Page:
“October: This is one of the peculiarly dangerous months to speculate in stocks. The others are July, January, September, April, November, May, March, June, December, August and February.” – Mark Twain
The formula for wealth is simple: spend less than you make and invest the difference wisely. To build wealth, investors must remain unemotional, disciplined and focused on the long-term. With this in mind, here are three essential insights of investment wisdom navigating today’s markets. We hope this serves as a valuable guide as you save for retirement, a child’s education or some other important long-term goal.
Remember Your Investing Strategy
All investing wisdom has already been written. It always comes back to your strategy and not letting your irrational brain stage an emotional coup and get you to sell your investments when the markets get rocky.
Investors have a knack for piling into investments at the top and selling at the bottom. Many investors get caught up in media hype or fear and buy or sell investments at the peaks and valleys of the cycle. Active monitoring of a portfolio can be important for navigating the changing tides of the investment market but for individual investors it can be critical to manage the behavioral impulses for buying and selling that can come with following the market.
So here’s three tips to remember when managing your portfolio:
You might ask, where is the market headed? While an important question, the short-term direction of the market is unknowable. History has shown that Wall Street’s top strategists’ average market forecasts versus the actual return for the market has been wrong every year.
This makes making investment decisions based on market predictions a fool’s game. Instead, base your investment decisions on variables that are known: your degree of diversification, your true time horizon and the amount of money you need to invest to reach your goals.
Avoid Self-Destructive Investor Behaviour
“A lot of people with high IQs are terrible investors because they’ve got terrible temperaments. You need to keep raw irrational emotion under control.” – Charles Munger, Vice-Chairman, Berkshire Hathaway
Most investors don’t receive the returns they should. Why? Human emotions. Investors sacrificed almost half of their potential return by engaging in self-destructive behaviours such as timing the market, casing hot investments, abandoning their investment plans and reflexively avoiding out-of-favour areas.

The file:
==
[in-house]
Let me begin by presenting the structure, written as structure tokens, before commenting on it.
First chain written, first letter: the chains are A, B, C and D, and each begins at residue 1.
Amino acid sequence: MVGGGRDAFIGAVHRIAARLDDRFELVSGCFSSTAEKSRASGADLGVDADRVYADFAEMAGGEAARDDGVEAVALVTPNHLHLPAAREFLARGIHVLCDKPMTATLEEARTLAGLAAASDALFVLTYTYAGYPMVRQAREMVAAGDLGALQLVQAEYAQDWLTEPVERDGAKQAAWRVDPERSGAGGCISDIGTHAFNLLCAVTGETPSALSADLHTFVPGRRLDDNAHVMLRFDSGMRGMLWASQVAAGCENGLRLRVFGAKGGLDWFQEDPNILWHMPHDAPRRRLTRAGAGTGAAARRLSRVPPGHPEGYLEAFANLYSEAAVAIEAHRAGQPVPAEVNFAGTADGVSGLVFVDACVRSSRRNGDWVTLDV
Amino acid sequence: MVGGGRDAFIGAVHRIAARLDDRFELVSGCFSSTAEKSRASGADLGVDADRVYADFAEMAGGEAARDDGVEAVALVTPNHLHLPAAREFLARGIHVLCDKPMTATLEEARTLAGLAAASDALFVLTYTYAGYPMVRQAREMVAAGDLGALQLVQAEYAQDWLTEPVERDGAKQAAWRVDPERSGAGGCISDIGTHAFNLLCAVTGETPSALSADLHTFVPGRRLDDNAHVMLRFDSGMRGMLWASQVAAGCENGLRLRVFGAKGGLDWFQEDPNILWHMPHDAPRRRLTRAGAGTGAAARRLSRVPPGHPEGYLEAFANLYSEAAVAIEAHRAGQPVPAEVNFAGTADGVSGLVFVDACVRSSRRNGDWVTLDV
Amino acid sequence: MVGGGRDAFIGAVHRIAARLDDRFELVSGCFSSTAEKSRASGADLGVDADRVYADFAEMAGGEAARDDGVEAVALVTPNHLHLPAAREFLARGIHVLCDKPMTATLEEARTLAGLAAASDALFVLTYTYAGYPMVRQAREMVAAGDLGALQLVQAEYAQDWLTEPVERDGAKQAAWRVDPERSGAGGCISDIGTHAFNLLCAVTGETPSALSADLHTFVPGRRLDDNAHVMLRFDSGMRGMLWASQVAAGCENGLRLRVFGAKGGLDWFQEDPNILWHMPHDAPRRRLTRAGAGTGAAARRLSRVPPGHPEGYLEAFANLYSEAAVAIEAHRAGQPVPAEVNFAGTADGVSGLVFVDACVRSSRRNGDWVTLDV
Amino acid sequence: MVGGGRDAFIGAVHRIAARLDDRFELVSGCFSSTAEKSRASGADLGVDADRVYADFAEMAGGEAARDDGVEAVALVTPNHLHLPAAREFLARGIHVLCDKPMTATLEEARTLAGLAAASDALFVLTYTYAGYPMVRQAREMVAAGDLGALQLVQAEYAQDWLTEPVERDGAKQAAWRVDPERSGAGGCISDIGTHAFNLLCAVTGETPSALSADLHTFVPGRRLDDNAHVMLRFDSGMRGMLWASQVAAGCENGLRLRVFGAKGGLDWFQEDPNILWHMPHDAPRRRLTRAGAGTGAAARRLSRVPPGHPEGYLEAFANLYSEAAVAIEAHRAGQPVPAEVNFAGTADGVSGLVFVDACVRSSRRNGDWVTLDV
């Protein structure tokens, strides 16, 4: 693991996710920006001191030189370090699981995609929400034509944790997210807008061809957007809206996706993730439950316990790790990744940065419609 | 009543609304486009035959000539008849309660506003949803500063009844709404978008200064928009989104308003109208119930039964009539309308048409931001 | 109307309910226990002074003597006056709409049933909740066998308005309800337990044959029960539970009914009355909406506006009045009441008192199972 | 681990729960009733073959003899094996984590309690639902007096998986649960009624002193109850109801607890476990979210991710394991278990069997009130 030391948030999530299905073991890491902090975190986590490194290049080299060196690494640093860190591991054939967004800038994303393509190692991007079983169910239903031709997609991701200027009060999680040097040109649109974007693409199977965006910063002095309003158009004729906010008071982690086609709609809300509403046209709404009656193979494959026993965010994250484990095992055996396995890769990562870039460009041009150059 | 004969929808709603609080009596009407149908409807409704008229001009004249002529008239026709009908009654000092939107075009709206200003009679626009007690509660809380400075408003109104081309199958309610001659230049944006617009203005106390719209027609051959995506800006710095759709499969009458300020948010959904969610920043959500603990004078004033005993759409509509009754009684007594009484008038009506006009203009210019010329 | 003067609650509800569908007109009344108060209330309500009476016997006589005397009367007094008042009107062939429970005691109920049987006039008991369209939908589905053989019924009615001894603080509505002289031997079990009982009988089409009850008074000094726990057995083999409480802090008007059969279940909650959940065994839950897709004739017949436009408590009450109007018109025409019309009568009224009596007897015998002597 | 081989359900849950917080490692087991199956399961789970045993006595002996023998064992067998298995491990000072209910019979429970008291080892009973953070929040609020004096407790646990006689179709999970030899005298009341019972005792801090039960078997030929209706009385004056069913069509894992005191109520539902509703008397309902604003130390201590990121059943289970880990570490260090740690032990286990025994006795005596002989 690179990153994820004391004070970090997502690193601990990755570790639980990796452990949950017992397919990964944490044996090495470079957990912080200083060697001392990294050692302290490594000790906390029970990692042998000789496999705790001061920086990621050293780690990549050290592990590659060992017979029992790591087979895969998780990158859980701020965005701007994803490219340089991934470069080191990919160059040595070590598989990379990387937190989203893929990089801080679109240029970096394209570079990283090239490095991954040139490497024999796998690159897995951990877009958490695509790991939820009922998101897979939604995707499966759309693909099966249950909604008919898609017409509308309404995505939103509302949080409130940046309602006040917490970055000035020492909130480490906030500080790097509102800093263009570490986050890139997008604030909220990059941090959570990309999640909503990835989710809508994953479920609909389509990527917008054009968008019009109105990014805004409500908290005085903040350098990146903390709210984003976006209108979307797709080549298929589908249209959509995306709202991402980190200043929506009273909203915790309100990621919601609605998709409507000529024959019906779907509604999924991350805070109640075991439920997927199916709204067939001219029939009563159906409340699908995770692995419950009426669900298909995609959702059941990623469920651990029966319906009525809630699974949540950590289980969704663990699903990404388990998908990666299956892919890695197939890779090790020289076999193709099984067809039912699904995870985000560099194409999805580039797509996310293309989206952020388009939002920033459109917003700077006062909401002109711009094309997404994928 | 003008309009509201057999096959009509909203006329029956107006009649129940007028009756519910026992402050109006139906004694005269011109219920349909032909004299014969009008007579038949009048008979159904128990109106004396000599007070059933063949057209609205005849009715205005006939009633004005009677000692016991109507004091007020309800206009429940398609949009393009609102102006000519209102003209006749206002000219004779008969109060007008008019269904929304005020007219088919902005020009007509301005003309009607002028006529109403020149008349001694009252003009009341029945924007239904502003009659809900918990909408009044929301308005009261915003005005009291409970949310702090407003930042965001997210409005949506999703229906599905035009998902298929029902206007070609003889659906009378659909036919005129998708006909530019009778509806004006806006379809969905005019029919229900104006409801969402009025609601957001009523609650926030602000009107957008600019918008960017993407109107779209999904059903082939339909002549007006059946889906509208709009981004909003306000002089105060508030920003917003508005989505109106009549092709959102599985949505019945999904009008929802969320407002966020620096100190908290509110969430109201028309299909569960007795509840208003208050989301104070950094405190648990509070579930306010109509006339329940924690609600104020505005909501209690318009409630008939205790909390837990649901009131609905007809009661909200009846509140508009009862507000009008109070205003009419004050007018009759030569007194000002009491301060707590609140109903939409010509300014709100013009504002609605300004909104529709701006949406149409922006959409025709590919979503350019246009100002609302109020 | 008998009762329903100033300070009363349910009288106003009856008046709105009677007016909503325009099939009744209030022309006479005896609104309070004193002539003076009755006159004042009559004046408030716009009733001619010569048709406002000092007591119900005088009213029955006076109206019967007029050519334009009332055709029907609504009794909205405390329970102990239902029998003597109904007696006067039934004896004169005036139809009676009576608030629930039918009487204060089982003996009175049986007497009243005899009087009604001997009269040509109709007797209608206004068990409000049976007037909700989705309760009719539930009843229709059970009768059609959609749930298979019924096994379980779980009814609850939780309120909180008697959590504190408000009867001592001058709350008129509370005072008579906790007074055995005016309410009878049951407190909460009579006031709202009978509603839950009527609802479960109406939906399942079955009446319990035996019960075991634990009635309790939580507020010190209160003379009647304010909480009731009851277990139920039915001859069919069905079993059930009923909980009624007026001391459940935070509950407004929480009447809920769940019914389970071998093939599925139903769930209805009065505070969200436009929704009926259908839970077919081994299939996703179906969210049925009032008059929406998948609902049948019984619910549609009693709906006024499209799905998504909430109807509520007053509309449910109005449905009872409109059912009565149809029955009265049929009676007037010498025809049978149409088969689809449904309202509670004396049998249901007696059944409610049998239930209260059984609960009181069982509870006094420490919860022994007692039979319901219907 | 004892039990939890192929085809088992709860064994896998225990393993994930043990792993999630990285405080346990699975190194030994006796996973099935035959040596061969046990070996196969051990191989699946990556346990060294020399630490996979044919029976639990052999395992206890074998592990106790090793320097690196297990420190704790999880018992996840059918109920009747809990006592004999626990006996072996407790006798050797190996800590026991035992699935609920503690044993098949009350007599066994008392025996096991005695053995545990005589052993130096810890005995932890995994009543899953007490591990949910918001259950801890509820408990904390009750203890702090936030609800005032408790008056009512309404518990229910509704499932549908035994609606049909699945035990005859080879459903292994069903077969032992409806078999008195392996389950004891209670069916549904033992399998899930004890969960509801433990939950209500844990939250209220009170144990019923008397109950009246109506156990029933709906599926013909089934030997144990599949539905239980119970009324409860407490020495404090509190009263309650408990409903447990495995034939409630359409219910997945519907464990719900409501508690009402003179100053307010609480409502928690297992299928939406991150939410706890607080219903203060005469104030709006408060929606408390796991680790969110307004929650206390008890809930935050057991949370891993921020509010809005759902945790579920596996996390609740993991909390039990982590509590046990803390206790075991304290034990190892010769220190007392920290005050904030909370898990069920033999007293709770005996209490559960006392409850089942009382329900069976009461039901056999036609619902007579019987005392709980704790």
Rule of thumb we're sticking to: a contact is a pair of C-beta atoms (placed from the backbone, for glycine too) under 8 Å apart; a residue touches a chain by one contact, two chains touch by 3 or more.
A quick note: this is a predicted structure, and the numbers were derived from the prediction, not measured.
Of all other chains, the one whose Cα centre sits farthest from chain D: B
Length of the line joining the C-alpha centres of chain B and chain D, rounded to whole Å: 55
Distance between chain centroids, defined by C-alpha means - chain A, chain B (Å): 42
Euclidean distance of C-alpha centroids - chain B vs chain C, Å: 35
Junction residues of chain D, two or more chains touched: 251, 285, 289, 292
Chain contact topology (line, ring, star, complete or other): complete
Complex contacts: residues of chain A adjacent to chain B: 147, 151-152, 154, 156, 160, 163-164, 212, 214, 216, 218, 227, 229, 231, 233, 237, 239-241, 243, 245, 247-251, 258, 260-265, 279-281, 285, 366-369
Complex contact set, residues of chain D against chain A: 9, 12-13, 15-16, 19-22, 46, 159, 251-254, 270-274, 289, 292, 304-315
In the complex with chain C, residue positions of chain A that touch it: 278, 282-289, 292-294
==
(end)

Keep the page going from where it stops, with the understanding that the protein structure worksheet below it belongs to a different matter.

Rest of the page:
The worst investment decisions are often made when investors get too emotional. You should never allow yourself to become too attached to any investment that you make. It is critical to keep a rational mind and to only make investing decisions when you are cool, calm, and collected. This will keep you from paying too much or selling too cheaply.
Long-term wealth is built by controlling emotions and avoiding costly mistakes. One of the most important services a trusted financial advisor can provide is to help remain disciplined, unemotional and focused on long-term financial goals.
Use a Systematic Investment Approach
A systematic investment approach involves investing money in equal amounts at regular intervals, regardless of the market environment. It works because emotions are removed from the investment decision-making process.
One example of systematic investing is an investor with $120,000 to allocate to stocks who invests $30,000 every three months for a year. Should the market drop and stocks go “on sale” more shares would automatically be purchased—precisely when many investors would be too fearful to invest.
Based on the S&P 500® Index from January 1, 2000–December 31, 2014, a systematic investor who regularly committed money every three months would have outperformed the market over this entire 15 year period. Why? By automatically making purchases even when the market fell, they took advantage of buying more shares at low prices.
A systematic investment approach may also help investors avoid selling out of stocks during market down-turns, when pessimism is pervasive.
Over the time period shown below a nervous investor who sold out of stocks at the March 2009 low would have had a poor return over the entire period. The systematic investor however, may have been more likely to stay the course, recognising that such periods are opportunities to acquire good businesses at attractive prices.
Investing without emotion is easier said than done but there are some important considerations that can keep an individual investor for chasing futile gains or overselling in panic. Understanding your own risk tolerance and the risks of the investments you invest in can be an important basis for investing decisions.
With volatile investing markets and some investors being trigger happy with whether they should buy, sell or do nothing, the bottom line is to not react, have a strategy and stick to it. Financial advice can help you clarify your goals and create a plan to achieve them. Depending on your goals and personal circumstances, there are different types of financial advice options available to suit your needs.